Monthly Data On A2 Drinking Water

. June 30, 2019.
Glass of water

By Trilby Becker

In May, the City of Ann Arbor launched a website to help residents track municipal water quality issues (qualitywatermatters.org). The municipal water utility, which already provides annual information about water quality to customers, began reporting monthly information due to recent concerns about PFAS, dioxane, and other issues. The site also provides information on hydrant flushing schedules and water and sewer rates.

Sarah Page, Ph.D., is Ann Arbor’s Drinking Water Quality Manager, reviewing the analysis of thousands of daily measurements to ensure Ann Arbor’s water is safe to drink. To deal with PFAS pollution in the water the city draws from the Huron River, about $1 million has been spent installing new carbon filters at the water treatment plant. The latest tests conducted this month show total detected PFAS in the city’s treated drinking water down to 3.9 parts per trillion of contaminant, from a high of 88.1 ppt last October.

Despite recent reductions, the list of contaminants can be alarming:

  • Microbial Contaminants such as viruses and bacteria, which may come from sewage treatment plants, septic systems, agricultural livestock operations and wildlife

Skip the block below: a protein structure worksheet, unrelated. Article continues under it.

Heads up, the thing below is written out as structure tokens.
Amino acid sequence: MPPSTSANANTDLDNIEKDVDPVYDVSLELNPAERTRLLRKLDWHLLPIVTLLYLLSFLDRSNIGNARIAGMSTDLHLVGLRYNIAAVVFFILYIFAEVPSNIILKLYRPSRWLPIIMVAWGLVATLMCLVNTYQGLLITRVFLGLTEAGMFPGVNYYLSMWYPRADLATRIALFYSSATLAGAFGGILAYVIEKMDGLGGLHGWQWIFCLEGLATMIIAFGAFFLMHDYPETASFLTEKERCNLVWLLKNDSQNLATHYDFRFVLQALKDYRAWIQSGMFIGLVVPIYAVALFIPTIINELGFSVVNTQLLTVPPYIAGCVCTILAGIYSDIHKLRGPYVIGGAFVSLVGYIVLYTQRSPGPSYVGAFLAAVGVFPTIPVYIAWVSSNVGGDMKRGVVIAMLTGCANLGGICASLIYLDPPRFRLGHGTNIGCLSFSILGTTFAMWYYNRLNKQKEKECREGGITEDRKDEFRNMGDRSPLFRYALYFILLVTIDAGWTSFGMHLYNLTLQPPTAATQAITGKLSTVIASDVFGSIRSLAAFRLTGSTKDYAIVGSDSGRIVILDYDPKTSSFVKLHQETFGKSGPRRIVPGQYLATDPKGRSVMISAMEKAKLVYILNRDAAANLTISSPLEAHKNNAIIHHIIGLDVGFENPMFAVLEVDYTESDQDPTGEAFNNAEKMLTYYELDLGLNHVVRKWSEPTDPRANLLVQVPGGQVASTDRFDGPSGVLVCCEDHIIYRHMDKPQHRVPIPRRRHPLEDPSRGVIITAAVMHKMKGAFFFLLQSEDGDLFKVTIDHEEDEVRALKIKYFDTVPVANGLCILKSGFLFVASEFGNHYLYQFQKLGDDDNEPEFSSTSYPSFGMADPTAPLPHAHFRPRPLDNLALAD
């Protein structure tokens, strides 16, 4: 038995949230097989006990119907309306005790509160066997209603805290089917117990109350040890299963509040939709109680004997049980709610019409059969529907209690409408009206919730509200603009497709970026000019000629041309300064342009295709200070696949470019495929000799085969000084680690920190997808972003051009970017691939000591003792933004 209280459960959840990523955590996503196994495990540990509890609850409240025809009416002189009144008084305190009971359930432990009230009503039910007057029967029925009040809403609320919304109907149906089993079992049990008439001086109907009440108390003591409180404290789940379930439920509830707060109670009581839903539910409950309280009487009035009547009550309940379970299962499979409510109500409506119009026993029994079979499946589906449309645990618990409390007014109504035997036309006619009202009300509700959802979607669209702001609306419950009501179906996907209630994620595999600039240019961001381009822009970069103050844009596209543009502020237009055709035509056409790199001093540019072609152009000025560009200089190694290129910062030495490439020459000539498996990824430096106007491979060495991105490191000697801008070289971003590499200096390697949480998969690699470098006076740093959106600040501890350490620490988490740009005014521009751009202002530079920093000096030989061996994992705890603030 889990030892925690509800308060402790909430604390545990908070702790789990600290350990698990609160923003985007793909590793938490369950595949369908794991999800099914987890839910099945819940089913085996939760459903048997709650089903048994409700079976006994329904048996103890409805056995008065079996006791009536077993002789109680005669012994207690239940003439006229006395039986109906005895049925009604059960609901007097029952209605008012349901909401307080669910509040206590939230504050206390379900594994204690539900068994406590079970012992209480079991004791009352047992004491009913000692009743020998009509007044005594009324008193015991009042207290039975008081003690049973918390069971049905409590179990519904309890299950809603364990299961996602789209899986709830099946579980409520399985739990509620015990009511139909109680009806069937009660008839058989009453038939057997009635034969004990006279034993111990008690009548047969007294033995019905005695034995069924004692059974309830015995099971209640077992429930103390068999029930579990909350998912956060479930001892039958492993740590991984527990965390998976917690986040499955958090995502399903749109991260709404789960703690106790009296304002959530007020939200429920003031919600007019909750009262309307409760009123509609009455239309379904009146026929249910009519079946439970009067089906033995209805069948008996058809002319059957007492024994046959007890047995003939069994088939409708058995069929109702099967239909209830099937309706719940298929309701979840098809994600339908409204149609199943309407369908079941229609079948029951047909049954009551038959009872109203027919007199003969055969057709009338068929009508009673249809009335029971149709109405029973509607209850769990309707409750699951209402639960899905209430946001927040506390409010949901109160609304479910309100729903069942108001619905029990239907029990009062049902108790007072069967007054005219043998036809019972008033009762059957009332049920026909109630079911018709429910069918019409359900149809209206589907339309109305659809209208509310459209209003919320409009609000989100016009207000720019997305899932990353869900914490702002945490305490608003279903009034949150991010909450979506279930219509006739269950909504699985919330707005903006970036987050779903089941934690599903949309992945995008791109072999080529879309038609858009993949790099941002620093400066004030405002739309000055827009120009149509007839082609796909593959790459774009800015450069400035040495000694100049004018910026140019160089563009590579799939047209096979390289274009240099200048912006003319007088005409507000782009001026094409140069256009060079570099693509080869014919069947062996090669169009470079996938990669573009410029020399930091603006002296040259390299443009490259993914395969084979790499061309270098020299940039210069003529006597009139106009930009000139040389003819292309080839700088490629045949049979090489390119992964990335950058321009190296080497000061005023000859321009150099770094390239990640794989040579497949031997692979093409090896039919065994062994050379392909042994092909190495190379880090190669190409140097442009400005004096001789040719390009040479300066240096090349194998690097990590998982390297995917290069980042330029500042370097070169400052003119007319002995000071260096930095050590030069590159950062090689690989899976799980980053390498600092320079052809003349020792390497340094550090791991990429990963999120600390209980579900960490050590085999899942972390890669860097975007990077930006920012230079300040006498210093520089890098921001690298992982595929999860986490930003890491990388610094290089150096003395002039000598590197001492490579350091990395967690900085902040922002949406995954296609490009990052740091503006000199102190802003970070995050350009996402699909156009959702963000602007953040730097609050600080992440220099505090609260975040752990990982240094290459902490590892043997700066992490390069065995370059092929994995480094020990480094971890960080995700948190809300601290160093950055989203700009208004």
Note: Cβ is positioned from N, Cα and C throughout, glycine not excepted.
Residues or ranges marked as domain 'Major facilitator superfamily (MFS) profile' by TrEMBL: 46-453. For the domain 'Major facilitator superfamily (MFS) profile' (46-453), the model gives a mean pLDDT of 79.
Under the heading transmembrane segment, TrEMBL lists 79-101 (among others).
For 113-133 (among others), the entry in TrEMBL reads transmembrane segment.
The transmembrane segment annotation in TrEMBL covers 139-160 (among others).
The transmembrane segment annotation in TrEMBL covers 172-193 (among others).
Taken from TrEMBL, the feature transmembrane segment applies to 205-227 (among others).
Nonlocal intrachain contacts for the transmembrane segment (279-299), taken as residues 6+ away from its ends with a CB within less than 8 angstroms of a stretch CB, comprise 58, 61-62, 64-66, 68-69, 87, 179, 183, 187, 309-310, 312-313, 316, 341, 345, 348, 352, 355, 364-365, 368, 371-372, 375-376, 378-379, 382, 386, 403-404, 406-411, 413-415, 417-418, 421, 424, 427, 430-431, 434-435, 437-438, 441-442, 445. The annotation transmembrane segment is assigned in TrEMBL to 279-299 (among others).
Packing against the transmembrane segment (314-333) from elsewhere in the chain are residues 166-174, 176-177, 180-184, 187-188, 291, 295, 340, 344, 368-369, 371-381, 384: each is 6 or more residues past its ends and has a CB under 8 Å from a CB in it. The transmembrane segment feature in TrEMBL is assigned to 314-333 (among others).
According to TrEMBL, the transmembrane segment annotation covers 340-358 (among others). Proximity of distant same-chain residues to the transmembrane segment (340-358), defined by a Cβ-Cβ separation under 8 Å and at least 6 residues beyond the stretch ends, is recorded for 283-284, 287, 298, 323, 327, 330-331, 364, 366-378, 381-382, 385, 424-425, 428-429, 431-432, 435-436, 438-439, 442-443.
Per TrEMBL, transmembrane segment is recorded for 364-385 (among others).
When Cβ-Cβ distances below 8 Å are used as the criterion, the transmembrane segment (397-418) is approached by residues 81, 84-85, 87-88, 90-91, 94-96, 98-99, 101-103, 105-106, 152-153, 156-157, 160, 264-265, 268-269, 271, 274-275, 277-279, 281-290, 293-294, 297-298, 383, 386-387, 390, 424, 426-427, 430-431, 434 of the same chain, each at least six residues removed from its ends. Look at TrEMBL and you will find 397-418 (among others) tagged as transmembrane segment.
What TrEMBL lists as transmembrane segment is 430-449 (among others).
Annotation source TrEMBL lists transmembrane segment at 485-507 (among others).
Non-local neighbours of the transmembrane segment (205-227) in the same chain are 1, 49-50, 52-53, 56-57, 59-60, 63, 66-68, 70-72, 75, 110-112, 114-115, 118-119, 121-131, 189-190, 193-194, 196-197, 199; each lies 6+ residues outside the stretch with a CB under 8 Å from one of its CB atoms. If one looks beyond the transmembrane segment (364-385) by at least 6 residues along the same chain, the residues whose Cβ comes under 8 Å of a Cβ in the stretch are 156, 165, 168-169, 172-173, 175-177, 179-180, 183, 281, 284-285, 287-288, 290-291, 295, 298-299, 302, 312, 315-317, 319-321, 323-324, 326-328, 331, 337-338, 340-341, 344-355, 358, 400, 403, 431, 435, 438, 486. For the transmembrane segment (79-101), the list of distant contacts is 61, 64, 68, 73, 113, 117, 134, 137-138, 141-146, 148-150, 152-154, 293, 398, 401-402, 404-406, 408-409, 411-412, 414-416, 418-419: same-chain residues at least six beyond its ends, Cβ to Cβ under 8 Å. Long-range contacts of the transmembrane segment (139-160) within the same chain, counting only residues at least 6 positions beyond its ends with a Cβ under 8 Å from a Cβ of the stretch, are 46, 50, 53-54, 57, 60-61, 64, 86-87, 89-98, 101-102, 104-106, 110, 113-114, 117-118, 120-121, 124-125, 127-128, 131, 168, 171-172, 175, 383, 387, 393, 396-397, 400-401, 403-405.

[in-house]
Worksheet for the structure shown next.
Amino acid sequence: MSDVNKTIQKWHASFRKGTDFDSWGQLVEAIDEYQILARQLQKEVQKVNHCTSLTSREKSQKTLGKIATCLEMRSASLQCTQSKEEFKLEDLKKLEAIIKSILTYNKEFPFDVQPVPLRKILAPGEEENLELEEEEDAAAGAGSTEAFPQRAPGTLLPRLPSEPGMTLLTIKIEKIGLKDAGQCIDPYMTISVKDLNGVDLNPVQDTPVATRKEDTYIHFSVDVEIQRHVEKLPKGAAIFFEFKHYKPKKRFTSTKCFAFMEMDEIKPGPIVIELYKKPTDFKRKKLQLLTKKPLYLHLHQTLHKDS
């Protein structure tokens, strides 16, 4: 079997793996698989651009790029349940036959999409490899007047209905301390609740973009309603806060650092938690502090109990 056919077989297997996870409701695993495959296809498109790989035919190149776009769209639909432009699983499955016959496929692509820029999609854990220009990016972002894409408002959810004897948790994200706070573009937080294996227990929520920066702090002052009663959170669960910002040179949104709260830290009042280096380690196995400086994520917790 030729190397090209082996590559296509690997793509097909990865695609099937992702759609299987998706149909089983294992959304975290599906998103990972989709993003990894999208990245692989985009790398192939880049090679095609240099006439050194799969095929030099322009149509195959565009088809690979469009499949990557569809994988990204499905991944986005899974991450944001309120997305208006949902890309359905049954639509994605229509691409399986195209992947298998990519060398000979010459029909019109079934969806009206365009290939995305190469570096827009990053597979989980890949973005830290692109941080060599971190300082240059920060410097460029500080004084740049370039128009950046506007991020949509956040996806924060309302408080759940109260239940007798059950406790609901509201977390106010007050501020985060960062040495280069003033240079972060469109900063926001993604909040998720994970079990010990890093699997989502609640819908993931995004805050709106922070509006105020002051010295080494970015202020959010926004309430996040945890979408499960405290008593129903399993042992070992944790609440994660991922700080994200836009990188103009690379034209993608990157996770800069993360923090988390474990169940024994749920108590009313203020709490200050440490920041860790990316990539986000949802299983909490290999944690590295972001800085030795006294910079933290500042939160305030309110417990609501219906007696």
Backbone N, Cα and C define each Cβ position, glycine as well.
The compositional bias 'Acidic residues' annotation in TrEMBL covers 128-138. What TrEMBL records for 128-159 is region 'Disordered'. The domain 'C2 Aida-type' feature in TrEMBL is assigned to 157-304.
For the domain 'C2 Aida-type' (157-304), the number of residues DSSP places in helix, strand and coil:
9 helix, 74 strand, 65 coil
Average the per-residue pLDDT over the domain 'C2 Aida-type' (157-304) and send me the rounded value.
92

• Inorganic contaminants such as salts and metals, which can be naturally occurring or result from urban stormwater runoff, industrial or domestic wastewater discharges, oil and gas production, mining or farming
  • Pesticides and herbicides, which may come from a variety of sources such as agriculture, urban stormwater runoff and residential uses
  • Organic chemical contaminants, including synthetic and volatile organic chemicals, which are by-products of industrial processes and petroleum production, such as from gas stations, urban stormwater runoff and septic systems
  • Radioactive contaminants which can be naturally occurring or resulting from oil and gas production and mining activities

In 2020, the City will embark on a facilities plan that will evaluate alternatives and develop cost estimates for improvements at the water treatment plant to address aging basins infrastructure. Renovations to Ann Arbor’s water treatment plant will cost between $80 and $90 million dollars.

To read the City of Ann Arbor 2018 Water Quality Report, go to: https://www.a2gov.org/departments/water-treatment/PublishingImages/Pages/default/water_quality_report_2018.pdf

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